The fourth extension (HDU 5), called the IMCS table, contains pointing information computed by the program imcs_ph_corr, described in § 3.2. This program uses its own criteria to select “good” raw data files, so its TIME array may not match those of the photon event list and timeline table. The PIXEL_SHIFT array contains the (integral) shift in pixels required to correct for target offsets from the center of the aperture. This correction is additive. The IMCS_PITCH_ERR and IMCS_YAW_ERR arrays contain the offset of the target from the aperture center as computed by imcs_ph_corr. If the program fails to compute a solution (for example, if sufficient pointing information is unavailable), then this extension will not be present.

Extracted spectra files files (§ A.2) employ the standard FITS binary table format, listing WAVE, FLUX, ERROR, etc. for each pixel in turn. The intermediate data files have a slightly different format, listing all of the photon arrival times, then the raw X coordinates, then the corrected X coordinates. Formally, the table has only one row, and each element of the table is an array. (To use the STSDAS terminology, IDFs are written as 3-D tables.) The MDRFITS function from the IDL Astronomy User's Library (Landsman, 1993) can read both file formats; some older FITS readers cannot.

Array Name Format Description
Primary Header-Data Unit (HDU 1)
Header only. Keywords contain exposure-specific information.
HDU 2: Extracted Spectrum
WAVE FLOAT Wavelength (Å)
FLUX FLOAT Flux (erg cm s Å)
ERROR FLOAT Poisson error (erg cm s Å)
COUNTS INT Raw counts, corrected for motion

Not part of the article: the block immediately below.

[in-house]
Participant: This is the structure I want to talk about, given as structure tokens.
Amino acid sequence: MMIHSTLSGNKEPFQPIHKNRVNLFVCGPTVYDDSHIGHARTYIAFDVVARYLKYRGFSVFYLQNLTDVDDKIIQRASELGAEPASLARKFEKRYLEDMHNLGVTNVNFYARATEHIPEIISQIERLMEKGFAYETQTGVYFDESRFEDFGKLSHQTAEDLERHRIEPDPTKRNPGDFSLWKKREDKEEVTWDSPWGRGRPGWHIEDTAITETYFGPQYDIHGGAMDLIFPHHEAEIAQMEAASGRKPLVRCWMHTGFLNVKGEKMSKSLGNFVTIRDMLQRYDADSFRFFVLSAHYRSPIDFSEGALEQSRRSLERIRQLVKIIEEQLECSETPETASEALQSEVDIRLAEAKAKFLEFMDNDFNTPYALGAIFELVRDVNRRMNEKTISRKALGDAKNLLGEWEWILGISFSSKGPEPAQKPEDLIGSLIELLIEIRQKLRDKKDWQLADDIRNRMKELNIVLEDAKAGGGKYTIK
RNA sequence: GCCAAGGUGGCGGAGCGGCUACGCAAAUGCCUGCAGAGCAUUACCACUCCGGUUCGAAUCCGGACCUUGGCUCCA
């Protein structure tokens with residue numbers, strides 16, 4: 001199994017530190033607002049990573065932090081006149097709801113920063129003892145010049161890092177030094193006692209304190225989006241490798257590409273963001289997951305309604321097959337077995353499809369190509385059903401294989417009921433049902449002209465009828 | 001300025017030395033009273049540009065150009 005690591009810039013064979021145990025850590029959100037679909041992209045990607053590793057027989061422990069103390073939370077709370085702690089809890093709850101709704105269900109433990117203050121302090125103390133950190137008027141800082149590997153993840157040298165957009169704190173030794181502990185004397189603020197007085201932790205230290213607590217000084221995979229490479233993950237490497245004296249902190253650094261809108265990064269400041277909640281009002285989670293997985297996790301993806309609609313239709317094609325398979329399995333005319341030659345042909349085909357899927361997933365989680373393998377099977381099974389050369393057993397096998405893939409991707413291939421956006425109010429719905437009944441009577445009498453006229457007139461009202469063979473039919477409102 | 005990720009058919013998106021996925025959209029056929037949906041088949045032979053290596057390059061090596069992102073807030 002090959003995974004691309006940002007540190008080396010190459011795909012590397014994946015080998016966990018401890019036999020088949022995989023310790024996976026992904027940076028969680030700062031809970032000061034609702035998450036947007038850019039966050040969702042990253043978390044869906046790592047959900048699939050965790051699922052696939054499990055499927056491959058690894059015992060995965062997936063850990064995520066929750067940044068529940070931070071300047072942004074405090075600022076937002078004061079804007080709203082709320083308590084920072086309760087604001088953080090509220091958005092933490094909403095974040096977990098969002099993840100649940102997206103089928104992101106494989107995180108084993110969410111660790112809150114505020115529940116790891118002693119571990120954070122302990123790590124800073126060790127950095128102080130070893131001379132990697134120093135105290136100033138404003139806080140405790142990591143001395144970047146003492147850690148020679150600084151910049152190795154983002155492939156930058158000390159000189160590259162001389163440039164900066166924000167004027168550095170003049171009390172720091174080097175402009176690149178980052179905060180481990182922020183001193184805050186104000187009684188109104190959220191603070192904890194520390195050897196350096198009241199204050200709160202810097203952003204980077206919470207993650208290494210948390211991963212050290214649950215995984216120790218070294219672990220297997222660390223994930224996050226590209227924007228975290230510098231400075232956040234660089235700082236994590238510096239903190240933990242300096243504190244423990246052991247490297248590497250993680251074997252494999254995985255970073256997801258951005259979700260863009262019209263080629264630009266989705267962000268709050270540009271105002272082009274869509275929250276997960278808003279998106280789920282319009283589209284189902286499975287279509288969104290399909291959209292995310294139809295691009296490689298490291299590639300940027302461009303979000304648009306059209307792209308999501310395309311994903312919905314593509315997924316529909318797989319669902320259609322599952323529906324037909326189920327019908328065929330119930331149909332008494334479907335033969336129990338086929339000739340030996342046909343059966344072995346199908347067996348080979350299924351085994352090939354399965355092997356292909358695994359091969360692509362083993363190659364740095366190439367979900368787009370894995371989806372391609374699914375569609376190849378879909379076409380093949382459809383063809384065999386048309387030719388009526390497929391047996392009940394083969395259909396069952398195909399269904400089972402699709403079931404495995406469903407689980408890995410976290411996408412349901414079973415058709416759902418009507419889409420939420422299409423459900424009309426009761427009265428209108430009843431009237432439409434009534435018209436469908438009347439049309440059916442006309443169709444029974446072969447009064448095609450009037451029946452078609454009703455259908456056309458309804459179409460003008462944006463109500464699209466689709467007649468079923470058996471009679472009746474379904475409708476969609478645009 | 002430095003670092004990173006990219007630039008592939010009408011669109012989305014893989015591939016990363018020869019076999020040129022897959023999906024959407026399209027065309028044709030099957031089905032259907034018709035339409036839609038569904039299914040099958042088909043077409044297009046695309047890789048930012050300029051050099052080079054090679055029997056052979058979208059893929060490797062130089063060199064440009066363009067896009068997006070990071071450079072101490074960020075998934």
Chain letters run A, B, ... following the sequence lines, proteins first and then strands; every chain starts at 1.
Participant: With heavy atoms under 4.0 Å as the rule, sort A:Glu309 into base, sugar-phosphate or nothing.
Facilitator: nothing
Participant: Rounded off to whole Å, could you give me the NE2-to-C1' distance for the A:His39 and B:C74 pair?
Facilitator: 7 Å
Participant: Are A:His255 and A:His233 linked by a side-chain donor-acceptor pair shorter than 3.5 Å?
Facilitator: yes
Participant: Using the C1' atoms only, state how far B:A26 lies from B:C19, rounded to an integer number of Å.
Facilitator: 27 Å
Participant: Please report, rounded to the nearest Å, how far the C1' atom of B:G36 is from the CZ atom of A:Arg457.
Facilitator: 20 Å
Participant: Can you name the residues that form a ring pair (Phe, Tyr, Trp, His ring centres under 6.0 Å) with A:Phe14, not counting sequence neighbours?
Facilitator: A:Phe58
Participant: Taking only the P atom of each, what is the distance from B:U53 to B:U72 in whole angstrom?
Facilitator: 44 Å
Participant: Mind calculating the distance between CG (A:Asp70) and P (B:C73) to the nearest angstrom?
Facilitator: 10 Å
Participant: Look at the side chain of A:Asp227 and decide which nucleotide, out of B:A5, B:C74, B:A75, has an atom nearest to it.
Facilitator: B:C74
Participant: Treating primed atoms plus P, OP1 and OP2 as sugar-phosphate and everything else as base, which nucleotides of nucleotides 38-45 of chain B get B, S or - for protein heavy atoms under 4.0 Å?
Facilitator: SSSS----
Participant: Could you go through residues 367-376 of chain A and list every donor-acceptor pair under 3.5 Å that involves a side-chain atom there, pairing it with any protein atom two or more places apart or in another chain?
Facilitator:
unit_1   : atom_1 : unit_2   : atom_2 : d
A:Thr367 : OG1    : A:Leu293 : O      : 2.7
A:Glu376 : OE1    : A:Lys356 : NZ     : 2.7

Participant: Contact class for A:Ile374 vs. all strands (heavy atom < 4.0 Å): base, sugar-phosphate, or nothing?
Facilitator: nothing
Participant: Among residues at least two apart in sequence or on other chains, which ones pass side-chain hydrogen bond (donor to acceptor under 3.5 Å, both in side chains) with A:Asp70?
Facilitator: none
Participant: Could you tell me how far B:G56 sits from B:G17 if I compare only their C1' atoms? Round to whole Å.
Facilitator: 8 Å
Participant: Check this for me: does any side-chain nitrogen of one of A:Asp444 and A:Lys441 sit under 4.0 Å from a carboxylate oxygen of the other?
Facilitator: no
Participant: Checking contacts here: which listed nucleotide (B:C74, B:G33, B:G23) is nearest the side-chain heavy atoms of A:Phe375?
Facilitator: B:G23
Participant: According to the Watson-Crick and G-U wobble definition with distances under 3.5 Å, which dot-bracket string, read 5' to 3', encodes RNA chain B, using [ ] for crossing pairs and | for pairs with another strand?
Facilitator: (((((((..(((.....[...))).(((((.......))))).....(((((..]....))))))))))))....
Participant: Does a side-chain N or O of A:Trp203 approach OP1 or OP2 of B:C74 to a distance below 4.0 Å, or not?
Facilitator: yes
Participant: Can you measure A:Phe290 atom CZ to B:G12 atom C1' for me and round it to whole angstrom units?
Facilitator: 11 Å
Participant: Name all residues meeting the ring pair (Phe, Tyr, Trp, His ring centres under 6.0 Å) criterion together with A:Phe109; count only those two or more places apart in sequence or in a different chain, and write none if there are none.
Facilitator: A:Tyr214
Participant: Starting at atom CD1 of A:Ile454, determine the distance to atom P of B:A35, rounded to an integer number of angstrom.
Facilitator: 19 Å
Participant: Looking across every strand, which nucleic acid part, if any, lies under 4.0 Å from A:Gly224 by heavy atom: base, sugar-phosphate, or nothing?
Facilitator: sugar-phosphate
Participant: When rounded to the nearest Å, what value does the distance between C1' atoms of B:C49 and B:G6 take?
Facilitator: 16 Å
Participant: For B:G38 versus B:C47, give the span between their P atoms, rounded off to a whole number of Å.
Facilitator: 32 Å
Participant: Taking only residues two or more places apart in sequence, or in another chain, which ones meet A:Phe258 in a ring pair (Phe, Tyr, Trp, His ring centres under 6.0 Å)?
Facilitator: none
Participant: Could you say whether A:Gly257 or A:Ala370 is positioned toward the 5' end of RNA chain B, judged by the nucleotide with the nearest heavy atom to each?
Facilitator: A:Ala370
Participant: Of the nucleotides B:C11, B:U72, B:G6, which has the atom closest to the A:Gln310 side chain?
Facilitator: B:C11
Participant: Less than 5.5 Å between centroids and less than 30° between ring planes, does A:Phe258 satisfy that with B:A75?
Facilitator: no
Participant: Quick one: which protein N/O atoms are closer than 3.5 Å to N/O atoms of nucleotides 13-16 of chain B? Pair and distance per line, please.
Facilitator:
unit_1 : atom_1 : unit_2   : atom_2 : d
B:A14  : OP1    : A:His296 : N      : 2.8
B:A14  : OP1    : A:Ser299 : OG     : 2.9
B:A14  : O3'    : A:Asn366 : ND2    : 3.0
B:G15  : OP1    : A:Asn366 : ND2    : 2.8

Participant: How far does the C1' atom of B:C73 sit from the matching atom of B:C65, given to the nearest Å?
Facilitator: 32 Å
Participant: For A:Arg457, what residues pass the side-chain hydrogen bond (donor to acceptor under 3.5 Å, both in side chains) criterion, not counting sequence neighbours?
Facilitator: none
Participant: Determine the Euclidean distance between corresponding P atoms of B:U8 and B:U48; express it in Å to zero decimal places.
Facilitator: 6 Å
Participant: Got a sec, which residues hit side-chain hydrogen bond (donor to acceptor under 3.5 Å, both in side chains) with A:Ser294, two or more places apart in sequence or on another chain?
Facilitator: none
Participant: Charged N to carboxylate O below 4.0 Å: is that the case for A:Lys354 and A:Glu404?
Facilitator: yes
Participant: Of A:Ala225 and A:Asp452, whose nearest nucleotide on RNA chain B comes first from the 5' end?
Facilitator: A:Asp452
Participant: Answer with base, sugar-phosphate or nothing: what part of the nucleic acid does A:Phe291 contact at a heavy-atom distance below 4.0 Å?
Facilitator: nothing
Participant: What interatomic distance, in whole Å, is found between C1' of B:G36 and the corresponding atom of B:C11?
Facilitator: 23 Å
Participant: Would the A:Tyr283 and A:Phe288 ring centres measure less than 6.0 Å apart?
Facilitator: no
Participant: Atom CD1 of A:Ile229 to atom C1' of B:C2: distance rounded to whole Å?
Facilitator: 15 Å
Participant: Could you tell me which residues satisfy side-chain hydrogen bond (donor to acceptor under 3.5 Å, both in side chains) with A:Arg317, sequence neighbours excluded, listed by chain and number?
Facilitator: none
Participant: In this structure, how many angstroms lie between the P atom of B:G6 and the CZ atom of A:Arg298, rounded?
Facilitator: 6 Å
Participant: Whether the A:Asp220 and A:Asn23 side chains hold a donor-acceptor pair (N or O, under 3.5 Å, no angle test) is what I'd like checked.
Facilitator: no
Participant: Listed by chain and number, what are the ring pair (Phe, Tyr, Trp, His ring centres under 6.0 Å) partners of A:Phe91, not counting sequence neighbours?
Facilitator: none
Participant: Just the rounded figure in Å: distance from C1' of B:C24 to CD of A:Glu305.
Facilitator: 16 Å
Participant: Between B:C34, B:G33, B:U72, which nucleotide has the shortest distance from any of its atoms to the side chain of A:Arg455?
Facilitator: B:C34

WEIGHTS FLOAT Fully-corrected counts
HDU 3: Orbital-Night Spectrum
WAVE FLOAT Wavelength (Å)
FLUX FLOAT Flux (erg cm s Å)
ERROR FLOAT Poisson error (erg cm s Å)
COUNTS INT Raw counts, corrected for motion
WEIGHTS FLOAT Fully-corrected counts
Table 4Format of Extracted Spectral Files

a.2. Extracted Spectral Files

Extracted spectra (suffix “cal.fits”; § 5) are stored in a pair of binary-table extensions. The first extension contains a spectrum derived from the entire exposure. The second extension contains a spectrum derived only from the orbital-night data. Two extensions are always present; if no night data are available, the second extension contains a null-valued spectrum. If the entire exposure was obtained during orbital night, the two spectra are identical. Exposure times and photometric corrections for both spectra are stored in the primary header.

The spectral-file format is presented in Table 4. Spectra maintain the 2048 pixels of the raw data. The WAVE array records the wavelength of each pixel. The COUNTS array contains the raw counts in each pixel, corrected only for telescope motions. The WEIGHTS array is fully corrected for detector effects, scattered light, and second-order contamination. The FLUX array is the product of the WEIGHTS and the inverse-sensitivity curve. The ERROR array is computed assuming Poisson statistics; no estimate of systematic errors is included.

a.3. HUT Video Files

Images of the target field taken with the HUT TV camera (§ 6) are stored as FITS images with the suffix “tv.fits.” Each file consists of a single HDU. File header keywords are copied from the associated IDF, and a complete set of astrometric keywords is appended.

Caveats: A TV camera image could be transmitted as a single image or as eight sub-frames, each downloaded as a separate file. In the latter case, the final image is a composite of sub-frames taken as much as a minute apart. If the telescope was moving during that time, then a single star may appear in two or more sub-frames. The file-header keywords reflect the episodic nature of the data: the exposure start and stop times represent the times of the initial and final sub-frame, respectively, and the quoted exposure time represents the integration time for each sub-frame.